Before you start...
- Use positive reinforcements
- Start easy
- Make sure it’s fun for both of you
- Vary your rewards (type of reward, how you give it, size etc.)
- Keep an eye on body language
- Keep practice times short and sweet
- Provide plenty of fresh drinking water
- Only proceed to the next step once your dog has fully mastered the step before
Trick 1: waving with front leg
This trick will definitely win you a lot of attention. It's relatively easy to learn and just so adorable! 👇
Step 1: Put a reward in your closed fist. Let your dog sniff it. The intention is that they put their paw against or on your fist. Say "Good boy/girl" and give the reward. If your dog doesn't do anything with their paw, put your fist on the ground. Eventually, your dog will try to get the treat by using their paw. Repeat until you have both mastered this step.
Step 2: Now alternate between having a treat and not having one. If your dog puts their paw on your fist in both situations, you can go to step 3.
Step 3: Stand quietly in front of your dog. Say ‘wave’ in a kind voice, wait two seconds and then show your fist. Is your dog waving their paw? Then offer the reward. After several repetitions, you’ll see your dog is waving their paw after you say ’wave’ and before you show your fist. Mission accomplished!
Trick 2: walk between your legs
Do you do doggy dance? Then you know this trick is called ‘weaving’. Maybe you've tried a few different variations - like back weave, side weave or even... breakdance weave?! Before you teach your dog these super cool tricks, start with a lesson in walking between your legs. Check it out..
Step 1: You need to teach your dog to walk between your legs, while you have your back turned. But how? Throw a treat away from your dog. As they pick it up, turn around so you have your back turned. Now, get another treat and hold it between your legs. As soon as your dog’s head appears in the right place, offer the reward.
Step 2: Repeat step 1 but now turn 45 degrees so your dog is standing at your left or right side.
Step 3: Repeat step 2 but now use a hand movement instead of a treat. As soon as your dog follows your hand and passes between your legs, say ‘ood boy/girl’ and immediately give him a treat from your other hand.
Step 4: The final step is to stand in front of your dog and throw a treat away again. When they return to you, show them the treat and lure them to your left or right side. As soon as they go to the indicated side, move the treat to the centre - between your legs. Say ‘good boy/girl’ and offer the reward when your dog follows your hand and appears between your legs.
If your dog stands still, give them another treat. Then say ’good boy/girl’ again and throw the treat away so they will walk (or run!) through your legs. As ever, repetition is key!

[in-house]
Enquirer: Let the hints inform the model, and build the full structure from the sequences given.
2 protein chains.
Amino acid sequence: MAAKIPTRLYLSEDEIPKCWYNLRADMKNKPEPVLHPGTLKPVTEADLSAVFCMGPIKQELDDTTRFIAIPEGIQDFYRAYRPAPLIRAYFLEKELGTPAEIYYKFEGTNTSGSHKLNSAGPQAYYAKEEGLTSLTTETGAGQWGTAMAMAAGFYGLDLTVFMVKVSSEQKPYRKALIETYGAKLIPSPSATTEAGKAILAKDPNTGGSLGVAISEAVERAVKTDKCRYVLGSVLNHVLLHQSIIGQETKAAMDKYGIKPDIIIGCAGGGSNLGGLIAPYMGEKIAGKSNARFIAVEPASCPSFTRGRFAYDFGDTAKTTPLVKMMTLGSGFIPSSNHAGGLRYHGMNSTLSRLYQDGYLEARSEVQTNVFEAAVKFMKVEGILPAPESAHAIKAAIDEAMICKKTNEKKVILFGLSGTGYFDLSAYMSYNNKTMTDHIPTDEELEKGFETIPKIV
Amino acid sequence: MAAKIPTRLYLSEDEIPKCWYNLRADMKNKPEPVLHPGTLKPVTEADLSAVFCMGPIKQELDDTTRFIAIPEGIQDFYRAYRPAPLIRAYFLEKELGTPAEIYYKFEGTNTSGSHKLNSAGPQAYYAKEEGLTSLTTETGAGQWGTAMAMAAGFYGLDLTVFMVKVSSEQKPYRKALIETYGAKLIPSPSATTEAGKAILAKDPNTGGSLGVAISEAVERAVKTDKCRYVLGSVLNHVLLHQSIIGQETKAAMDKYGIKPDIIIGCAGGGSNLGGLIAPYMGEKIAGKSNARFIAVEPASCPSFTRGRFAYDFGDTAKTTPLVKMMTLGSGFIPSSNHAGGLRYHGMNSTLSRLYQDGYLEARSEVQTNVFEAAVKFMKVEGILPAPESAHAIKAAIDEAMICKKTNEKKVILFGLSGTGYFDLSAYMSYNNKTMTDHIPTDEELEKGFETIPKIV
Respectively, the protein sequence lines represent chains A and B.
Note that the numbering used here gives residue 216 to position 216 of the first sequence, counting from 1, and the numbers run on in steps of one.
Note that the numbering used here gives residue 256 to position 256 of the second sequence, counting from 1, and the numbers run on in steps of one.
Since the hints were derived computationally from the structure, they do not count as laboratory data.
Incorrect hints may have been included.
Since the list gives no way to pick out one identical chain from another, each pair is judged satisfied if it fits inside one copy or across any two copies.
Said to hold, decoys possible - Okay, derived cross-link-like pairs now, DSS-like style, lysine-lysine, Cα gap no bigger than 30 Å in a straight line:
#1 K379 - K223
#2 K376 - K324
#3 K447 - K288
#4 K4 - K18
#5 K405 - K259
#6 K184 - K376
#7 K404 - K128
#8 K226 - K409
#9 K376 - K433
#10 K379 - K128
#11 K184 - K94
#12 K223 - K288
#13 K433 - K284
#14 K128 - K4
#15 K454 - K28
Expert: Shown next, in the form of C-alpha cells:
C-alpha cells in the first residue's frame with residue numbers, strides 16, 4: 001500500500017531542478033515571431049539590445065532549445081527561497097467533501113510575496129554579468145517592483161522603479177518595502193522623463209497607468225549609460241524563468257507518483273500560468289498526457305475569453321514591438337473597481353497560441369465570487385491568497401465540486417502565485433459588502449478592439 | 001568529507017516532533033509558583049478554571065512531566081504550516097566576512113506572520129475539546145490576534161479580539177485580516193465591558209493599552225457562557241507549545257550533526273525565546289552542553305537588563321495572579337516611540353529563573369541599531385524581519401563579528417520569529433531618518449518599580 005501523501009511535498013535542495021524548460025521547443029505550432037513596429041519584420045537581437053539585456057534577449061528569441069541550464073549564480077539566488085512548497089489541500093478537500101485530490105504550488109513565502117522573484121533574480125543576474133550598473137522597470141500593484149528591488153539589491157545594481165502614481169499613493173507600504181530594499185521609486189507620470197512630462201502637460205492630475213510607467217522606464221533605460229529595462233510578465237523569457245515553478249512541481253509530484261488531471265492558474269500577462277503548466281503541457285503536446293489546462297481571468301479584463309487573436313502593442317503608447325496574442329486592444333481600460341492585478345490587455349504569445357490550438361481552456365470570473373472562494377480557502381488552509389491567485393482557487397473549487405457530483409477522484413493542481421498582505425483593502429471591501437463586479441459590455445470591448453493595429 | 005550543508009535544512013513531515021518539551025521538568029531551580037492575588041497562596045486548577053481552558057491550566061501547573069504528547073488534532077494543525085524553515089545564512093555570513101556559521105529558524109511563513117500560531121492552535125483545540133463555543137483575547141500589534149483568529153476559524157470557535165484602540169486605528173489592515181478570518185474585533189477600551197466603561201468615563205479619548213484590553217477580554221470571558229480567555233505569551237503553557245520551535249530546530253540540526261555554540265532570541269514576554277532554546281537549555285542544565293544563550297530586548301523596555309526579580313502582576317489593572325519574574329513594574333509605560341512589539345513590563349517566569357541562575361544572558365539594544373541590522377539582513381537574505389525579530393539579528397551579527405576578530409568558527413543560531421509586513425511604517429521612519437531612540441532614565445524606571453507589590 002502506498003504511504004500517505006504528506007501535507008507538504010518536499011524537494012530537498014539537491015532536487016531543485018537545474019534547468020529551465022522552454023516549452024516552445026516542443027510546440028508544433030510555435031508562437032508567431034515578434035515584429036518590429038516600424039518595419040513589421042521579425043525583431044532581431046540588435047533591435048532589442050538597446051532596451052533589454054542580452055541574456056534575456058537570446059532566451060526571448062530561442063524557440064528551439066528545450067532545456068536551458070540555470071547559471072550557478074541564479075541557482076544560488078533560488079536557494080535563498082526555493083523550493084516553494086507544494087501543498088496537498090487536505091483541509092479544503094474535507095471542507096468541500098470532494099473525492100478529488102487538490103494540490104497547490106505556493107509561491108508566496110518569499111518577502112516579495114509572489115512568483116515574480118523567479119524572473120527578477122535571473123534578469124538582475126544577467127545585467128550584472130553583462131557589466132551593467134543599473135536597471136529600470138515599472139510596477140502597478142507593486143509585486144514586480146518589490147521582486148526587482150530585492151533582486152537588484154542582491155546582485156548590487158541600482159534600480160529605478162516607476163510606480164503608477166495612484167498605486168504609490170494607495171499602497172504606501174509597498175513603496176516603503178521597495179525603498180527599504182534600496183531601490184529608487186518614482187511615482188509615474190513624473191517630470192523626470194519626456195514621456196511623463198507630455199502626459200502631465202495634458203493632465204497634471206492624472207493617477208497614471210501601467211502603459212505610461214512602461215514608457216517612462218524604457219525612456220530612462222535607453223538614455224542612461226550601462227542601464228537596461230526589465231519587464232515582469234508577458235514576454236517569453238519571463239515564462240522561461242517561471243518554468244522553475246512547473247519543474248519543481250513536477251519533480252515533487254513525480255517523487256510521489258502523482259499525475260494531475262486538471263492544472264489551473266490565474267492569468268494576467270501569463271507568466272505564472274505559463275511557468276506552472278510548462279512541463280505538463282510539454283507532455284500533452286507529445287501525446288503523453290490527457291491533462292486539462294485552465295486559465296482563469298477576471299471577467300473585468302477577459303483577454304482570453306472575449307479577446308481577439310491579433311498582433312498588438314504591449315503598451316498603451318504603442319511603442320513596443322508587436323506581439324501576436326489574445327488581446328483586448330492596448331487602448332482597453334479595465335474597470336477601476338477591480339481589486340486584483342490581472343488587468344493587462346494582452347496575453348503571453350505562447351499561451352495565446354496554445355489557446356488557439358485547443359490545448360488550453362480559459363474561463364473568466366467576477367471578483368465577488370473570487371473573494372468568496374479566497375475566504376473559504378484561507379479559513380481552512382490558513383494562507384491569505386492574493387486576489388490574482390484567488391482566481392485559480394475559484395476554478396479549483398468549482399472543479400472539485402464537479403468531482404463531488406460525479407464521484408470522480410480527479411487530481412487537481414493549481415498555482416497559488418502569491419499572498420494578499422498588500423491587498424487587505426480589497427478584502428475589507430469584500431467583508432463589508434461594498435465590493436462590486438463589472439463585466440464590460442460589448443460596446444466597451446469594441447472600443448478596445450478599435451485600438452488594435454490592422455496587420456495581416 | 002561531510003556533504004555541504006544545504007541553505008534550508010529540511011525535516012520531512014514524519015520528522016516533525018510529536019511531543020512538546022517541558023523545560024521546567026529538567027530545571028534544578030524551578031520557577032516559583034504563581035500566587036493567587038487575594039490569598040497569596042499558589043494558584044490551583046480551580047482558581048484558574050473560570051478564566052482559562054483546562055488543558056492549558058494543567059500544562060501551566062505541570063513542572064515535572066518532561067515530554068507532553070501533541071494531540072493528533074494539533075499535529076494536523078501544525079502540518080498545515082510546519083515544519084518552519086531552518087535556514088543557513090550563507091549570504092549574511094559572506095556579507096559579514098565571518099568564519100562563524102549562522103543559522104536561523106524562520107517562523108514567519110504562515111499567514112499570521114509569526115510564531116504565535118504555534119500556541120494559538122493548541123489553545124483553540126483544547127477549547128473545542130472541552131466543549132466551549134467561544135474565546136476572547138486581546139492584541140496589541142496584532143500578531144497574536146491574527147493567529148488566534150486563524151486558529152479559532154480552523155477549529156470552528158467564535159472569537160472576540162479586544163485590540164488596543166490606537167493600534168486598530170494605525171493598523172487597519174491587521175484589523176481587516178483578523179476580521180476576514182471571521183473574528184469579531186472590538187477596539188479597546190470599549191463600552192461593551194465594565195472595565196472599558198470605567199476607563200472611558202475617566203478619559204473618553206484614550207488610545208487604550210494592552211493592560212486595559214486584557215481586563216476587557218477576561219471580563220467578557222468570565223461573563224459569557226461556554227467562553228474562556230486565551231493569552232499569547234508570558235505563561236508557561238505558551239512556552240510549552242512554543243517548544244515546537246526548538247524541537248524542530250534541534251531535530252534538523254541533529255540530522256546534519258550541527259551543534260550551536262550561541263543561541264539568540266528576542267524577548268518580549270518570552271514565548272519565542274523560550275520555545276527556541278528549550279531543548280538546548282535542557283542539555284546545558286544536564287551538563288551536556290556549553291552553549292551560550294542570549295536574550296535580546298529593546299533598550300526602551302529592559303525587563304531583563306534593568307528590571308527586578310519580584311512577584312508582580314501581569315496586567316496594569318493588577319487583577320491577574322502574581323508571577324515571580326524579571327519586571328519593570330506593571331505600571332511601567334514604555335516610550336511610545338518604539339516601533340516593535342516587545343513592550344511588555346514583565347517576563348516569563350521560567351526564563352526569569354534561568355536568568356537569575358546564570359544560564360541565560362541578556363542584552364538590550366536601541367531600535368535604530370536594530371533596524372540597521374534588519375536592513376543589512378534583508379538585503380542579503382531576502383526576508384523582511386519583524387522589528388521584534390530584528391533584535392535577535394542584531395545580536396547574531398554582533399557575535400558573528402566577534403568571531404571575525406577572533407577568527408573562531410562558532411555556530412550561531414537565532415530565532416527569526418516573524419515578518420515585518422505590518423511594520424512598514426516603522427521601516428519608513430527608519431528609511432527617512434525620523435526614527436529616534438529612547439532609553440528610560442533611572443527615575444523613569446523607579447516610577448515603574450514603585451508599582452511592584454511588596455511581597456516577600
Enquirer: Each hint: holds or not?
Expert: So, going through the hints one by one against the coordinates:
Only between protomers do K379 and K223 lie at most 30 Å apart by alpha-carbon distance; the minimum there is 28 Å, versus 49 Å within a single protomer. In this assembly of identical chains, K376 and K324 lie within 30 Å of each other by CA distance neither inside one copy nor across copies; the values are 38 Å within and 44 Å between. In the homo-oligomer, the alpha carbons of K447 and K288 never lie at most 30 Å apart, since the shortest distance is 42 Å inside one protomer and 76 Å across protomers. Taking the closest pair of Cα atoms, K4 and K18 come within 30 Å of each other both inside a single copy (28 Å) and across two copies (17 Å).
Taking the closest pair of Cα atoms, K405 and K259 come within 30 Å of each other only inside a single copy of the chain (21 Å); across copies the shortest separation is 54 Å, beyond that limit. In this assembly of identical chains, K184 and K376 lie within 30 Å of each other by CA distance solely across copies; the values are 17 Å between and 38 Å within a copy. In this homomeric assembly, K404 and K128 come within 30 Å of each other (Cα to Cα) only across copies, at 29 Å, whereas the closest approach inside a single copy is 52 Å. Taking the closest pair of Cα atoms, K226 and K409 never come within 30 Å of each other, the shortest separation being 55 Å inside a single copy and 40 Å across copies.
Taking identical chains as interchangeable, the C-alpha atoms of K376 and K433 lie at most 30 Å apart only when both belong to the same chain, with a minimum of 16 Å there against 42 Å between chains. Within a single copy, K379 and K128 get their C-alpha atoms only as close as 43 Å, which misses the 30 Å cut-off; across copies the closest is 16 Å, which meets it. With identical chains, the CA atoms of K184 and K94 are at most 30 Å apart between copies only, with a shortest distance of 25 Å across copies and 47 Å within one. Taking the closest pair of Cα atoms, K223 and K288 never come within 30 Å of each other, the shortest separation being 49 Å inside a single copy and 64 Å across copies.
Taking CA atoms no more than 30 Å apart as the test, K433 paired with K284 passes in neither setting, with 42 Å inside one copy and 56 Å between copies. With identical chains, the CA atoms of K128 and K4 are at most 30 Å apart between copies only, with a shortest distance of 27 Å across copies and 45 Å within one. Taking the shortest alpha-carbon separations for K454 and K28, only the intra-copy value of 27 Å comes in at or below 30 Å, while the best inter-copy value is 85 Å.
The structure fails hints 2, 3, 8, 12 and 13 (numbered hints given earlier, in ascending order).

Trick 3: Take a bow
Puppies often do this on their own while playing or stretching out. When playing, we call it a 'play bow' (for yoga lovers: just think of the downward dog posture) - but it’s basically forelegs bent and hind legs stretched. Click here for an extensive step-by-step plan.
Trick 4: Go to a family member on demand
One for the daredevils... A test to see if your four-legged friend is as good (or as bad?) at remembering names as you are (wink wink).
The goal? Ask your dog to go to a family member who is somewhere else in the house or garden. Obviously, for this exercise, you need at least two people. Also important: your dog must be able to respond to their name for this exercise.
Person A = you
Person B = Mathilde
Step 1: You and Mathilde should stand about 3 metres apart. The dog is with you. Now say ’look for Mathilde’, in a kind voice. Two seconds later, Mathilde should call the dog to herself. As soon as the dog leaves towards her, Mathilde says ‘good boy/girl’ and offers a reward. Once that goes smoothly, move on to step 2.
Step 2: Start as in step 1. When you say ‘look for Mathilde’, you look in her direction. As soon as the dog looks in her direction, Mathilde calls the dog. When the dog leaves you, Mathilde says ‘good boy/gir’" and offers a reward- of course!
Step 3: Now try to say ‘look for Mathilde’ without letting Mathilde call your dog. Don't forget the reward 😉
Step 4: Repeat step 3 but increase the distance and make sure Mathilde remains visible. Tip: when your dog is in doubt, you can strengthen the behaviour by walking together.
Step 5: Now, Mathilde is no longer visible, but still quite a short distance from your dog. For example, before, you were all together in the hallway, but now you and your dog are in the living room. Now the challenge for your four-legged friend is to reach Mathilde on their own!
Step 6: Finally, it’s time to increase the distance. When your dog walks smoothly to Mathilde, you can make the exercise more exciting by, for example, adding obstacles or asking for other things such as ‘sit’ or ‘lie down’ beforehand.